News / USA

    Obama Ramps Up Aid to Colombia as Peace Deal With Rebels Nears

    President Barack Obama shakes hands with Colombian President Juan Manuel Santos during their meeting in the Oval Office of the White House, in Washington, Feb. 4, 2016.
    President Barack Obama shakes hands with Colombian President Juan Manuel Santos during their meeting in the Oval Office of the White House, in Washington, Feb. 4, 2016.
    Mary Alice Salinas

    President Barack Obama promised Thursday to provide more financial aid and other support for Colombia as its government prepares to finalize a peace deal with left-wing guerrillas it has battled for more than 50 years.

    After meeting with Colombian President Juan Manuel Santos at the White House, Obama announced additional funding and other measures he said would help Colombia rebuild after reaching a peace accord with the Marxist rebel group Revolutionary Armed Forces of Colombia, or FARC.

    Negotiations have entered the final stages, and if an agreement is reached, it will end Latin America’s longest-running insurgency. White House officials predict a deal will be finalized in this first part of the year.

    After meeting in the Oval Office, the two leaders spoke at a reception to mark the 15-year anniversary of Plan Colombia, a joint initiative started to help end the armed conflict and drug trade in Colombia.

    The effort, which spanned presidencies and party lines, has reached “a tipping point,” Obama said. “A country that was on the brink of collapse is now on the brink of peace.”

    He announced a framework, called Peace Colombia, marking a “new era of partnership.”

    The U.S. leader proposed that more than $450 million be devoted to reinforcing security gains in Colombia, reintegrating former combatants into society and extending the rule of law and opportunities into areas where they had not existed. He also vowed to continue supporting efforts to fight drug trafficking and its effects in both countries.

    Removal of mines

    As part of global de-mining efforts, the U.S. will also support Colombia as it works to remove every land mine in the country within five years, Obama said.

    Santos told the audience, including members of the Colombian delegation and U.S. lawmakers from both parties, “Today, we see the future with hope.”

    Santos recalled how 15 years ago, Colombia was in the throes of the worst economic recession in decades and had lost nearly two-thirds of its territory to paramilitary and guerrilla fighters, both supported by drug trafficking.

    “We were very close to being declared a failed state,” the Colombian leader said. “We had a very dark and uncertain future.”

    He thanked the U.S. for its partnership and noted that Colombia is enjoying economic growth, job creation, reduced poverty, a rising middle class and falling crime rates.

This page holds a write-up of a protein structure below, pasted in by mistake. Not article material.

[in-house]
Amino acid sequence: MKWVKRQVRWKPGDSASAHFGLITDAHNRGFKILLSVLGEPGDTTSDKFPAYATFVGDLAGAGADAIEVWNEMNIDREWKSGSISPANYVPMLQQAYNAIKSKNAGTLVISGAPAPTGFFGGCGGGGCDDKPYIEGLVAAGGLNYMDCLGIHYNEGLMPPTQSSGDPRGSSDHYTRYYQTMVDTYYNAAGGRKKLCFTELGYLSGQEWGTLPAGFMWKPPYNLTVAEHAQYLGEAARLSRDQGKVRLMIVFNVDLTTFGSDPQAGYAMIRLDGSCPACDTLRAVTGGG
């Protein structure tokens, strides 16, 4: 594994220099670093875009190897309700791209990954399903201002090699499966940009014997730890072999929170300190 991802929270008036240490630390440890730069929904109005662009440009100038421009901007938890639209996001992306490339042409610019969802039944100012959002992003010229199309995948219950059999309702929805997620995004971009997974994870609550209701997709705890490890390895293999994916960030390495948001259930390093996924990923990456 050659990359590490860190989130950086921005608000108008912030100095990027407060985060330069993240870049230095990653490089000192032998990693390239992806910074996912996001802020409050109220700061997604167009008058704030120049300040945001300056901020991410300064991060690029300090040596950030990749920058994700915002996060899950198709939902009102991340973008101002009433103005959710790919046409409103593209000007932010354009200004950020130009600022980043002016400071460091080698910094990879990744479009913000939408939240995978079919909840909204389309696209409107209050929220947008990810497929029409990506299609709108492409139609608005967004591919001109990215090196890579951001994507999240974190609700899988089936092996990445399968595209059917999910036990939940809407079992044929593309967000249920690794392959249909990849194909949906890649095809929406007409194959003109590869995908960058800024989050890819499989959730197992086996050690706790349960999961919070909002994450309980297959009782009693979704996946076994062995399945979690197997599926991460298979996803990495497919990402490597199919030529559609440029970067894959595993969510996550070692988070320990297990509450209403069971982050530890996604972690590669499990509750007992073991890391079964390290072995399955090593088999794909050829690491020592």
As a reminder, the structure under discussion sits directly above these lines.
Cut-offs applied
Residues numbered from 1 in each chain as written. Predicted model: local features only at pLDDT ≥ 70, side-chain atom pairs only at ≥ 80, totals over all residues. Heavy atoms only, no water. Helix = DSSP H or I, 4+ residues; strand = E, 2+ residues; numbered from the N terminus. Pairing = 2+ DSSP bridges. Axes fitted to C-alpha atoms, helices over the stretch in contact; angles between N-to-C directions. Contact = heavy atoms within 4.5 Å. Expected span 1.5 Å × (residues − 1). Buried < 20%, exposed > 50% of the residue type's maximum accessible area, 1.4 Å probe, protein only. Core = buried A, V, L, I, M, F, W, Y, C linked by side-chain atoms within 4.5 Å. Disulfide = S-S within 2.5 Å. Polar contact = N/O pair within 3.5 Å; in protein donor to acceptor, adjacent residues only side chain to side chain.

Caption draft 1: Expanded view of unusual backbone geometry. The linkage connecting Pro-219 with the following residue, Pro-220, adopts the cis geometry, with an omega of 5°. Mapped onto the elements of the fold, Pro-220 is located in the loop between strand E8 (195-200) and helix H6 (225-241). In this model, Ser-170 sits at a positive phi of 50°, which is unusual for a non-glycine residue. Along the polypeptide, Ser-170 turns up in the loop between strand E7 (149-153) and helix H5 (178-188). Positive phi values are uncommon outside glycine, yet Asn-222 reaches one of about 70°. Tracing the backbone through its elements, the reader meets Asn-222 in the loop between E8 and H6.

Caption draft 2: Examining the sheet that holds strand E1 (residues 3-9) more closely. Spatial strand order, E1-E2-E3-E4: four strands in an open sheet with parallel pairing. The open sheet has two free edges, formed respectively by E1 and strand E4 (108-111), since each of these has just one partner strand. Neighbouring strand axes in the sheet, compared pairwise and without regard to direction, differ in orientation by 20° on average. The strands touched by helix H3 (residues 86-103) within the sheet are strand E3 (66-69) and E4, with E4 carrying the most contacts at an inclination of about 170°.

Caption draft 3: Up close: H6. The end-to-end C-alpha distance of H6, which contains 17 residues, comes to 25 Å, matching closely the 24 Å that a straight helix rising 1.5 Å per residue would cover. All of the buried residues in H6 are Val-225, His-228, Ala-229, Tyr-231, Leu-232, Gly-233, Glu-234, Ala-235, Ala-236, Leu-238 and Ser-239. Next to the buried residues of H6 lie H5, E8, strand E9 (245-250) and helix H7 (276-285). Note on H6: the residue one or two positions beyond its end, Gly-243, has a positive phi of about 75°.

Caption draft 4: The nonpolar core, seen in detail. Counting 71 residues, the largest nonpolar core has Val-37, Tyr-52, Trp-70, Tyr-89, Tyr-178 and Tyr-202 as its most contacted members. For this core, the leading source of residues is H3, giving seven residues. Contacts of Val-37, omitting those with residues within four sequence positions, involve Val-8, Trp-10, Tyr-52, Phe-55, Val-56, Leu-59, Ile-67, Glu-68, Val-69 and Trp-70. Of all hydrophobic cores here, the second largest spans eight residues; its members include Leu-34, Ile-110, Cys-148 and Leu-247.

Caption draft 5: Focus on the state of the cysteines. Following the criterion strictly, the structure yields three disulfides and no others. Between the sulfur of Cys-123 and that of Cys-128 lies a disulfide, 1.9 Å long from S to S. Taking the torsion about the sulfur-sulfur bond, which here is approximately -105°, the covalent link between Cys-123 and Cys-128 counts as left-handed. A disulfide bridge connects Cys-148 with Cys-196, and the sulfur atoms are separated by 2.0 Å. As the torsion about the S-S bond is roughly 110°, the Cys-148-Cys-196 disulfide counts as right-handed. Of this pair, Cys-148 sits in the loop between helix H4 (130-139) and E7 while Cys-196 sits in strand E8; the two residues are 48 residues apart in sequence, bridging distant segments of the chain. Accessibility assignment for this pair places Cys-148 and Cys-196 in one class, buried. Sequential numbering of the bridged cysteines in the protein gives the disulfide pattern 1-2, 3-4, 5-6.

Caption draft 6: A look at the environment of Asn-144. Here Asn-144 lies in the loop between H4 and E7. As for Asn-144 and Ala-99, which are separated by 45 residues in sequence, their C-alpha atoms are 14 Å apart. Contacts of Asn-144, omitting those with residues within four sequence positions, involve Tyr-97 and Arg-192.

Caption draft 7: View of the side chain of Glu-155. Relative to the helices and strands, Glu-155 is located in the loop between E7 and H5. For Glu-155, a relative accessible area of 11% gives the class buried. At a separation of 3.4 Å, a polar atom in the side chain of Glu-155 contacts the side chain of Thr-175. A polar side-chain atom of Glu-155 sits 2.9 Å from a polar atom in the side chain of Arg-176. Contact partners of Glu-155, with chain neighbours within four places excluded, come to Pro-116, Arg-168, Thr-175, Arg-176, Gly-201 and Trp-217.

White House officials have said the U.S. still has concerns about human rights, justice for victims and the drug trade in Colombia.

    The Obama administration has said it will ask Congress for additional funding in its 2017 budget to help Colombia recover after a peace accord is reached.

    “This request will demonstrate our intention to help Colombia successfully implement its peace agreement,” said Mark Feierstein, the National Security Council senior director for Western Hemisphere affairs.

    In Colombia, both government and rebel negotiators have been meeting in Havana for months to close in on a peace deal during talks sponsored by Norway and Cuba. Santos has set a March deadline for reaching a treaty.

    The White House said the relationship developed under Plan Colombia had allowed the two nations to expand collaboration in “new areas of mutual interest,” including the fight against the spread of the Zika virus.

    The two nations agreed to intensify collaboration, speed up probes into the effects of the Zika virus, and conduct joint research to help diagnose, treat and control the virus.

    You May Like

    Russia Sees Brexit Impact Widespread but Temporary

    Officials, citizens react to Britain’s vote to exit European Union with mix of pleasure, understanding and concern

    Obama Encourages Entrepreneurs to Seek Global Interconnection

    President tells entrepreneurs at global summit at Stanford University to find mentors, push ahead with new ideas on day after Britain voters decide to exit EU

    Video Some US Gun Owners Support Gun Control

    Defying the stereotype, Dave Makings says he'd give up his assault rifle for a comprehensive program to reduce gun violence

    This forum has been closed.
    Comment Sorting
    Comments
         
    by: Ricardo from: Brazil
    February 05, 2016 7:41 AM
    Congratulations President Obama! Peace will be good for the Americas, including the United States and Canada.

    The sale of drugs is the main source of income of the Colombian guerrilla group, peace will reduce its production and export to the United States.

    The US Drug Enforcement department along with the Mexican government should, immediately, hire several Colombian guerrillas to help in combating drug production in Mexico, as well as its export to the US.

    by: Nathaly
    February 04, 2016 10:03 PM
    Hey Voa, 1st hope you are reading this, 2nd It is just a comment since i am from Colombia, and my native language is not English. Honestly, the war in colombia is beyond money, even being this "debt" got bigger right now. I would like more educational invesment in my country, so that MANY town people can move on from traficking drugs. Well, my idea is bigger, so, i would like more attention in other REALLY CONCERNING aspects..regards
    In Response

    by: henok from: Texas, United States
    February 05, 2016 7:54 AM